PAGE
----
There is also the three finishing climbs in the the final 9.5-kms.]

At 78 or 79 degrees Fahrenheit at the finish, it felt rather hot.
On the other hand, the higher temps have whetted my appetite for NO-more-cold-wintry-rides !!

Later, Mick commented, "the route is flat, by 'Martin standards'."
xxx, yyy, zzz

Monday, March 3, 2014

Mar-02: The Good, the Bad, and the Unexpected

Before getting into the March 2nd ride, I want to note a few things about my Feb-22nd perm ride.  I had intended to put up a post about that ride, but stuff got in the way.  Anyway, ...

Feb-22:  Egypt Mtn 210-km Perm

It was a pretty good day, weather-wise, for late February in north-central North Carolina.
CHILLY at the start, though.
Lynn and I each had COLD hands almost immediately.
We paused after about 2-miles to put plastic bread-bags over each hand + lower arm.
I immediately felt the improvement of having effective wind-blocks;
I removed the bread-bags 10 or 15 miles after having put them on.
Lynn, who sometimes is affected by Raynaud's Syndrome, took longer to re-warm.
She removed her bread-bags at the first control, some 34-miles after donning them.

Thereafter, the day was pretty, but never seemed as warm as forecast.
Lynn slipped away off my front wheel on all inclines of more than 2%.
On inclines of 4% or more, she zoomed ahead as if I was anchored.
That is the same as it has always been.

As this was my first 200k ride in eight weeks, I purposefully took it easy the first half of the ride. 
[Actually, it was my first ride of more than 75-miles in eight weeks.]

When we weren't climbing, Lynn was usually tucked in behind me.
I am faster on the declines, and perhaps also on the flat.
At least I was on this day.

Lynn noted that she had no gitty-up in her legs, and
Her right leg was acting up.
Not wanting to fully extend and getting tight very quickly whenever we stopped or paused.

My lower right groin did try to cramp on the steep part of the long incline
To get to the afternoon control at Epsom.
However, I refused to let the leg cramp.
I guess I've done enough 200k-plus rando rides to have learned a few things.

About 11-miles before the finish, I suddenly realized that I needed to stop and eat some food,
Else I was going to get rather bonky in the last 10-kms with the three finishing climbs.
Lynn rode on so that her right leg would not stiffen up, again.

All in all, it was a bit tough for each of us.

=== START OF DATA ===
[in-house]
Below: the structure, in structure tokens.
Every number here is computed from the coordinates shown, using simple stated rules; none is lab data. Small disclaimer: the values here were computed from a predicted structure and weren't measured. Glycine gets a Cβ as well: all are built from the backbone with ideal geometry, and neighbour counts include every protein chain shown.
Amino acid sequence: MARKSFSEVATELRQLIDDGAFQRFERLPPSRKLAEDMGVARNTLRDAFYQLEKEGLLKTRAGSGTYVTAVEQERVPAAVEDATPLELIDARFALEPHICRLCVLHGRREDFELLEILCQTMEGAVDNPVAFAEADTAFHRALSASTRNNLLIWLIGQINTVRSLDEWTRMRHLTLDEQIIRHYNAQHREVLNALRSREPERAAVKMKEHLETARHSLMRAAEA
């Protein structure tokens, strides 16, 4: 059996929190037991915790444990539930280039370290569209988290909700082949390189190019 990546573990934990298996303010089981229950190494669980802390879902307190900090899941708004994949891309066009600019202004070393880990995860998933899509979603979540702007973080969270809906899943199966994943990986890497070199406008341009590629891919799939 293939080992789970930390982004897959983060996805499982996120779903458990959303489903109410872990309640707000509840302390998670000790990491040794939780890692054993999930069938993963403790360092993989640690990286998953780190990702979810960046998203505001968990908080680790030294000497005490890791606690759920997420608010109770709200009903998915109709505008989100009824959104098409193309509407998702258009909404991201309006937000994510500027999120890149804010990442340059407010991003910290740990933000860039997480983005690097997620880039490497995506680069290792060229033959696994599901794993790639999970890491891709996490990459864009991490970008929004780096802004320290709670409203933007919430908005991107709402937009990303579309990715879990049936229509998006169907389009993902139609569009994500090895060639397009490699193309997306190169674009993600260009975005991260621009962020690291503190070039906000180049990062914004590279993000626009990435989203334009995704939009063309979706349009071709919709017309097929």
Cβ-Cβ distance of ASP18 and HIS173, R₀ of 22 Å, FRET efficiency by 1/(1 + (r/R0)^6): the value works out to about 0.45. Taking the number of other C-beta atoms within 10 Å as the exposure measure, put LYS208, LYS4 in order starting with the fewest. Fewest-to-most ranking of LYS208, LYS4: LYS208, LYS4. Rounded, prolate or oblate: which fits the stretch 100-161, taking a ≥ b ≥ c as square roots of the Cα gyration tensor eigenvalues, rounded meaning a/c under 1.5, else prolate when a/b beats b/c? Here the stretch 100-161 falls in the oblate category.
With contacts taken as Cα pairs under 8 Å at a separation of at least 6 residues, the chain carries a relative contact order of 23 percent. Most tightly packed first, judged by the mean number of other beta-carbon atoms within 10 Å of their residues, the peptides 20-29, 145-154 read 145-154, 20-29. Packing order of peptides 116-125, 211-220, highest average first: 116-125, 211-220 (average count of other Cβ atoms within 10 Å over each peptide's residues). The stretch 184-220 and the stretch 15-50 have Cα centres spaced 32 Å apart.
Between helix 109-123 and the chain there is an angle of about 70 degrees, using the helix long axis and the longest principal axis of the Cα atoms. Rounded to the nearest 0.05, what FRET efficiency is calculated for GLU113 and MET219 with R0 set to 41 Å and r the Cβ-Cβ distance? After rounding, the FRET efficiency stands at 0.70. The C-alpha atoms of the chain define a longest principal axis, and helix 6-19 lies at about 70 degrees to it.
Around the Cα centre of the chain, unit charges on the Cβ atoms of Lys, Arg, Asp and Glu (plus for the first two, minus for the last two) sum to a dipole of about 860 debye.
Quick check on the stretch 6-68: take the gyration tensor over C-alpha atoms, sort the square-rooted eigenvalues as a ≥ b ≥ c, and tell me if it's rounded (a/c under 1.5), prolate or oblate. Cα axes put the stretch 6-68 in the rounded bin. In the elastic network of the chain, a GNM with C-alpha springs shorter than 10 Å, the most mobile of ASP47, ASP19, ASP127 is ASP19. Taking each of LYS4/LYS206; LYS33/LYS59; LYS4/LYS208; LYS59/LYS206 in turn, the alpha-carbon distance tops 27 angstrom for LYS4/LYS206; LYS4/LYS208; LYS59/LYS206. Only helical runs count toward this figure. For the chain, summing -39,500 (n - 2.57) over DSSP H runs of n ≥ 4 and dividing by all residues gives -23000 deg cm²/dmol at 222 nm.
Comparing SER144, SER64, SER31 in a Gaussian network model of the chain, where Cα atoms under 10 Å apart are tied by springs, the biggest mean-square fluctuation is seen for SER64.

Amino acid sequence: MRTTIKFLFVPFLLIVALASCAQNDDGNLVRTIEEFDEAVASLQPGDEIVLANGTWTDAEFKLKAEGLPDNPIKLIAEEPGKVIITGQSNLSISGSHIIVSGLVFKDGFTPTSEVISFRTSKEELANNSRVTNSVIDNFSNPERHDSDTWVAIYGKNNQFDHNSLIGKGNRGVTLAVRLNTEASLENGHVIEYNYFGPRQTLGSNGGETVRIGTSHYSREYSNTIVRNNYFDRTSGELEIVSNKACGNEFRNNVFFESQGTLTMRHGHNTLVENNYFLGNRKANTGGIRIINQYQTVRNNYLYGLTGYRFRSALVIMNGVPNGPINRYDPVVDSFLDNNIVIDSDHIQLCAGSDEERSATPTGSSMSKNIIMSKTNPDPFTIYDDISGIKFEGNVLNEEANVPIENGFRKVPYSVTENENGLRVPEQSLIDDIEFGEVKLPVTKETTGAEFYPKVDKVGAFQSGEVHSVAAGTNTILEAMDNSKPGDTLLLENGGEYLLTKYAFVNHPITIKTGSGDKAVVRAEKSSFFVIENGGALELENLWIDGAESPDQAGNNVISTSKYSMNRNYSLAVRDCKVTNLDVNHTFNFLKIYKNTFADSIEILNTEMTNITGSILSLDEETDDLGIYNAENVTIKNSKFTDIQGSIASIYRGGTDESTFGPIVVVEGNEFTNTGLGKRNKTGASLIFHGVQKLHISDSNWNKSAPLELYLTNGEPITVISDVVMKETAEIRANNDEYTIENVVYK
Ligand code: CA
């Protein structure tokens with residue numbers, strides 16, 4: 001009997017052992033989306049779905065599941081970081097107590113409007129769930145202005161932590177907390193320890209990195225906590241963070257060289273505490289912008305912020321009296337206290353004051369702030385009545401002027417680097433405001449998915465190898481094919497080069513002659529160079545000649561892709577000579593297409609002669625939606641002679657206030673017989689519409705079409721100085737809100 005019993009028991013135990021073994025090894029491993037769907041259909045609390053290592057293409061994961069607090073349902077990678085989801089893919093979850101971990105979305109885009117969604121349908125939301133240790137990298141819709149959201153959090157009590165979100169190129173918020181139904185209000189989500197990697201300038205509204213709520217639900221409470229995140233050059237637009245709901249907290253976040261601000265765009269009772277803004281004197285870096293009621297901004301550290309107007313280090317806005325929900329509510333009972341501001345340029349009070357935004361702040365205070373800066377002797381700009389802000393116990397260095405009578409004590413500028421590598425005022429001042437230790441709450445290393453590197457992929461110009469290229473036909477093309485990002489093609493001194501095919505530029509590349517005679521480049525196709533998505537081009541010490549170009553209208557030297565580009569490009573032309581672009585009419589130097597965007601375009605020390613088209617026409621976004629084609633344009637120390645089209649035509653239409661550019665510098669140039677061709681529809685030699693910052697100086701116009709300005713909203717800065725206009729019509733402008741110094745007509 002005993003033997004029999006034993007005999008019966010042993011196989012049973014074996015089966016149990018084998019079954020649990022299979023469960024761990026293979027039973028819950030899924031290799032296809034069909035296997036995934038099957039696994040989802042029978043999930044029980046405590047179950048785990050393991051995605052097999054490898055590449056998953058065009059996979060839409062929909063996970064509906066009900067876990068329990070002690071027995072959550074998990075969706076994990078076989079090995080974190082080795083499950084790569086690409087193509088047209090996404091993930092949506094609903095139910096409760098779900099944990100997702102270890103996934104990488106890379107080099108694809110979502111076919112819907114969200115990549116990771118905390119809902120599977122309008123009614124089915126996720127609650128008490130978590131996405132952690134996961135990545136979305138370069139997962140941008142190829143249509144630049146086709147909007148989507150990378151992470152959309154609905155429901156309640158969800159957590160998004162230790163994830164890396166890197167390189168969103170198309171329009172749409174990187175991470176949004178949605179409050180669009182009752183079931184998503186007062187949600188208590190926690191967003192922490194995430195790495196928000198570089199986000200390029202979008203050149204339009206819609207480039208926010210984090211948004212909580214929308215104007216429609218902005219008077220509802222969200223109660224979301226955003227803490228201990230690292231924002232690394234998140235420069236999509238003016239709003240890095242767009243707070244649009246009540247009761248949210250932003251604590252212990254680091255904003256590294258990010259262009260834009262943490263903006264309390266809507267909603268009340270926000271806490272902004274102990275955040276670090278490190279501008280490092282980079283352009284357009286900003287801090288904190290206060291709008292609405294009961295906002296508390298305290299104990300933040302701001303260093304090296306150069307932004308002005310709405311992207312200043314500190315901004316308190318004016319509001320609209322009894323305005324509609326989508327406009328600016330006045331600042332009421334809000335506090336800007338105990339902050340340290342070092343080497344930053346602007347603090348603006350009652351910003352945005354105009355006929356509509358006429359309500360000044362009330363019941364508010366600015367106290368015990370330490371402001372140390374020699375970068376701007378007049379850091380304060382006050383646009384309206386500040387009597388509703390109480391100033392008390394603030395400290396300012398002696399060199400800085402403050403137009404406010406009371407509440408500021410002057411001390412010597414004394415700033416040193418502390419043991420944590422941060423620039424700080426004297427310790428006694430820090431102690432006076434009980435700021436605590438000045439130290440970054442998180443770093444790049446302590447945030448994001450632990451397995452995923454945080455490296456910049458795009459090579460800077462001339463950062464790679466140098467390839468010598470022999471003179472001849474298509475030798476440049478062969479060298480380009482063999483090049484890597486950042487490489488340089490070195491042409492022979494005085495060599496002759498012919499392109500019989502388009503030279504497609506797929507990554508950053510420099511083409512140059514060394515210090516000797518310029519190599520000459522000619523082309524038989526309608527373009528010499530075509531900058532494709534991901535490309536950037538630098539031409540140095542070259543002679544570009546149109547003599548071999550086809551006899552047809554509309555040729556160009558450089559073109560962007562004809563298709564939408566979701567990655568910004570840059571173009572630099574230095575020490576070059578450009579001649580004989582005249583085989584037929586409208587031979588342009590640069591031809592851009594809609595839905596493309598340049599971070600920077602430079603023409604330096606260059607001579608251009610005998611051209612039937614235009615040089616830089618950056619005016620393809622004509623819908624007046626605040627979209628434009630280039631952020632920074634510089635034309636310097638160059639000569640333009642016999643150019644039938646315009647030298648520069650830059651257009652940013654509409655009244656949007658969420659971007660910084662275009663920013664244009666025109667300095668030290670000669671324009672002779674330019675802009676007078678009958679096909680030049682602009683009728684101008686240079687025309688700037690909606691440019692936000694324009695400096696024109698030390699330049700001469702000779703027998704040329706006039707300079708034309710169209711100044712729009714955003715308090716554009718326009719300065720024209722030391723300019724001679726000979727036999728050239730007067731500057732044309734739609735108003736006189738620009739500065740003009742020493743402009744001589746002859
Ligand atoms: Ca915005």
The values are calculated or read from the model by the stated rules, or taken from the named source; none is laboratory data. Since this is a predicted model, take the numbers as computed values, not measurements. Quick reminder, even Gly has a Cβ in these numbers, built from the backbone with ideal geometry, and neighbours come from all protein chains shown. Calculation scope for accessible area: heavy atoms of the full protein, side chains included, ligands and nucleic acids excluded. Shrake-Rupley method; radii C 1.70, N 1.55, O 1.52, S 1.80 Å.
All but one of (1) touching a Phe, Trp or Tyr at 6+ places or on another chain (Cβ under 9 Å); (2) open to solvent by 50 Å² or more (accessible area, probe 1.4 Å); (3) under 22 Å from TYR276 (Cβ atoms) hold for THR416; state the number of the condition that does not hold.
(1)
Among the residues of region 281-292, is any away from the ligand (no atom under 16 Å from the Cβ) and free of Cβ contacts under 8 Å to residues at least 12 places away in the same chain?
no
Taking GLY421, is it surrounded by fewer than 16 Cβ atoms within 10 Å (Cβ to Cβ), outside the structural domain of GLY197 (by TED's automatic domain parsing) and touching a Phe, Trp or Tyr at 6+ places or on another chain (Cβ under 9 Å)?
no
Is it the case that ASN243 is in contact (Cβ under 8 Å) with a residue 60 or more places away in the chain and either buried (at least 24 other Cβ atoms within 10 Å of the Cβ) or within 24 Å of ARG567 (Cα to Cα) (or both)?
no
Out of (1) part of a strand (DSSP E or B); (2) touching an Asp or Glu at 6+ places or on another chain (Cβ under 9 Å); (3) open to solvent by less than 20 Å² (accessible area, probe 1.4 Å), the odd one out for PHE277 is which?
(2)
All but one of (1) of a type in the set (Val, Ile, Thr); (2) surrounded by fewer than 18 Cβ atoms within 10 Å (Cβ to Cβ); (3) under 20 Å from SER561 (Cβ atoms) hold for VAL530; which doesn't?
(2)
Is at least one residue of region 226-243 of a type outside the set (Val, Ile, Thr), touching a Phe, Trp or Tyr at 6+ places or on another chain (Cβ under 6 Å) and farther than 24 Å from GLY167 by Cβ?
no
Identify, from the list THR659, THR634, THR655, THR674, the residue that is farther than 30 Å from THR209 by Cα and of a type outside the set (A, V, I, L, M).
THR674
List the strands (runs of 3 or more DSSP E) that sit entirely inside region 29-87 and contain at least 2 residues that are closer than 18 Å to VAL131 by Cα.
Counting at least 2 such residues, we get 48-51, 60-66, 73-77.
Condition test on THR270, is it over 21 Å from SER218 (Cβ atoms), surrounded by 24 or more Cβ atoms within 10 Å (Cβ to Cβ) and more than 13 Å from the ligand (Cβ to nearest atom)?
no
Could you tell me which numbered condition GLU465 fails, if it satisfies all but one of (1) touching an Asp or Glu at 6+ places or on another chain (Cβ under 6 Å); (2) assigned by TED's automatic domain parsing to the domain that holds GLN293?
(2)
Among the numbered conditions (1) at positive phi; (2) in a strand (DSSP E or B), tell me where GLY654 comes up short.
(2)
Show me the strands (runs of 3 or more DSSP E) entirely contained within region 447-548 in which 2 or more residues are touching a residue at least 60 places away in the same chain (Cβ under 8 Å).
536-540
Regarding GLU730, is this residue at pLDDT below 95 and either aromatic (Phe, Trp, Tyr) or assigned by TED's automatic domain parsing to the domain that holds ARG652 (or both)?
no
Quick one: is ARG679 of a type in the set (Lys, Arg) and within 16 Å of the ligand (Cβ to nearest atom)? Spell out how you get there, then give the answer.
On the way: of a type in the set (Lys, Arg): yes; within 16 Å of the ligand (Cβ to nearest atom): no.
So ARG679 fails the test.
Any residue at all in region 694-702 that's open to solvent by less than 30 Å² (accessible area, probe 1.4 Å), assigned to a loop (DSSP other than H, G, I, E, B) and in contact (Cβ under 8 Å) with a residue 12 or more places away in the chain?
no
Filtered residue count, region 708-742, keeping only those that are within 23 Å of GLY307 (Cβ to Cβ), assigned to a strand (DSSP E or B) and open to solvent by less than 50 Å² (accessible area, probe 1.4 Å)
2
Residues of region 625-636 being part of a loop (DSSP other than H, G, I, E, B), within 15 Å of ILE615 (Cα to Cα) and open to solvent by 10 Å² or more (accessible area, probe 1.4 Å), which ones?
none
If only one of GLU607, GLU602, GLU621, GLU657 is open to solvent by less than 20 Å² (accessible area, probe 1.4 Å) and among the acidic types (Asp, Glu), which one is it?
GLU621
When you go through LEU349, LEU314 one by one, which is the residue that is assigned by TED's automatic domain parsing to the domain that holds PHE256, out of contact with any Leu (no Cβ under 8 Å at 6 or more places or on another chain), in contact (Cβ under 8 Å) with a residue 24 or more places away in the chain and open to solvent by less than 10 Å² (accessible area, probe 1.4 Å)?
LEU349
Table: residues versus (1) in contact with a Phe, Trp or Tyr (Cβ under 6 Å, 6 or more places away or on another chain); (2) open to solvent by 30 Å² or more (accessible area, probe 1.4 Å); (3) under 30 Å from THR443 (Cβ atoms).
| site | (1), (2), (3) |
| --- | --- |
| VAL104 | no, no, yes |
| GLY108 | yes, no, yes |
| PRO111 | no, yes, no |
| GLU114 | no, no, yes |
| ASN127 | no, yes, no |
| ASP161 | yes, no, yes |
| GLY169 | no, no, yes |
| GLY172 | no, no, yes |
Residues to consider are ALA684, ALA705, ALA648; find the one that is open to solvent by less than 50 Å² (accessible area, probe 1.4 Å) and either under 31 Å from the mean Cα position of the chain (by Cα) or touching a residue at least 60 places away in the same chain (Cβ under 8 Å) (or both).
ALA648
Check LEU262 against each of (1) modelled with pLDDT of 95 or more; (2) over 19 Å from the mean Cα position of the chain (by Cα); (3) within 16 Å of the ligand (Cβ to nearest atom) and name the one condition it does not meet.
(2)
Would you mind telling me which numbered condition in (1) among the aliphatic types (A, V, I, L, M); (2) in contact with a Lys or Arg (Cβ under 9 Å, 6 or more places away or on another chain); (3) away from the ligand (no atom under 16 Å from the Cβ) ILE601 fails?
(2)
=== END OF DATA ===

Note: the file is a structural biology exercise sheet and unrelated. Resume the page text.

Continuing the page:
But each made the best of the situation, and I think that overall,
We each enjoyed our ride.

Oh, yeah -- this was my third ever career P-1 (as I had skipped a January R-ride). 
Mar-02:  The Good, the Bad, and the Unexpected 

My friend, Ricochet Robert, had surgery a couple weeks ago.
He wants to maintain both his P-series and his R-series.
Biker Bob and I think we've convinced Ricochet to do a FLAT 200 at the end of March.
Perhaps Dean's "Tar Heel 200" permanent.
Robert will have to drive to get to the start in Benson, NC.

I realized that getting him to drive to Dean's "Get 'er Dunn" perm-pop
The week before driving to Benson was decidedly not a Ricochet preference.
However, there is an excellent mostly-flat perm-pop route that has been waiting
For someone to bite the bullet and ... submit it.
Given Robert's surgery and "flat needs,"
It was time to effectuate the "Bay Leaf - Oxford - Bay Leaf" 102k perm-pop.
[Click-here for a RWGPS map of the revised 104k route.] 

I decided to ride the new route and make sure everything is still copesthetic.
Here's what I found:

The Good

Except for crossing Falls Lake, the creek valley on Lawrence Rd, and the Tar River --
The route is much flatter than I recalled from many previous non-rando rides, and
Also from lotsa' finishes of the rando Kerr Lake Loop.

The surface of the bridge across the Tar River has been resurfaced.
There are no gaps between the sections and thus no need to bunny-hop one's way across the bridge.

The Bad

Cannady Mill Rd has escaped being Obamulated.
The rough surfaces of the many, LONG patches are still rough and long.
Probably rougher than in previous years ago.

There are quite a few freeze-thaw potholes that have opened up on Cannady Mill Rd.
Almost all of them on the northbound (outbound) lane.
I had to play dodge-'em in a couple places to stay on the smooth surface
Between the old rough patches and the new HOLES.

I would not be surprised if tar-snakes suddenly appeared on the entire 6+ miles of Cannady Mill Rd.

The Unexpected

The intended turn-around control,
Known to many NC-randos as the "Oxford control" on the old Kerr Lake Loop,
Is closed.
It appears the site is about to be leveled and something else constructed.
Or, maybe not leveled, but with extensive changes and something else constructed.

Either way, I've submitted a revision to the route.
Making the turn-around at the Handy Mart BP, a half-mile up US-158.
That gas station / c-store usually looked cleaner, anyway.
Often has chocolate milk whereas the Exxon never did.
And, there are a couple high-tables with stools where one can sit for a few minutes.
No such sit-options at the now-defunct Exxon.
As for the rest rooms -- you don't expect me to check out everything, do you?

The Conclusion

We now have an easy, mostly flat recovery-pop on the north side of Raleigh.
And a route that Ricochet can use for his March P-ride, without undue climbing concern.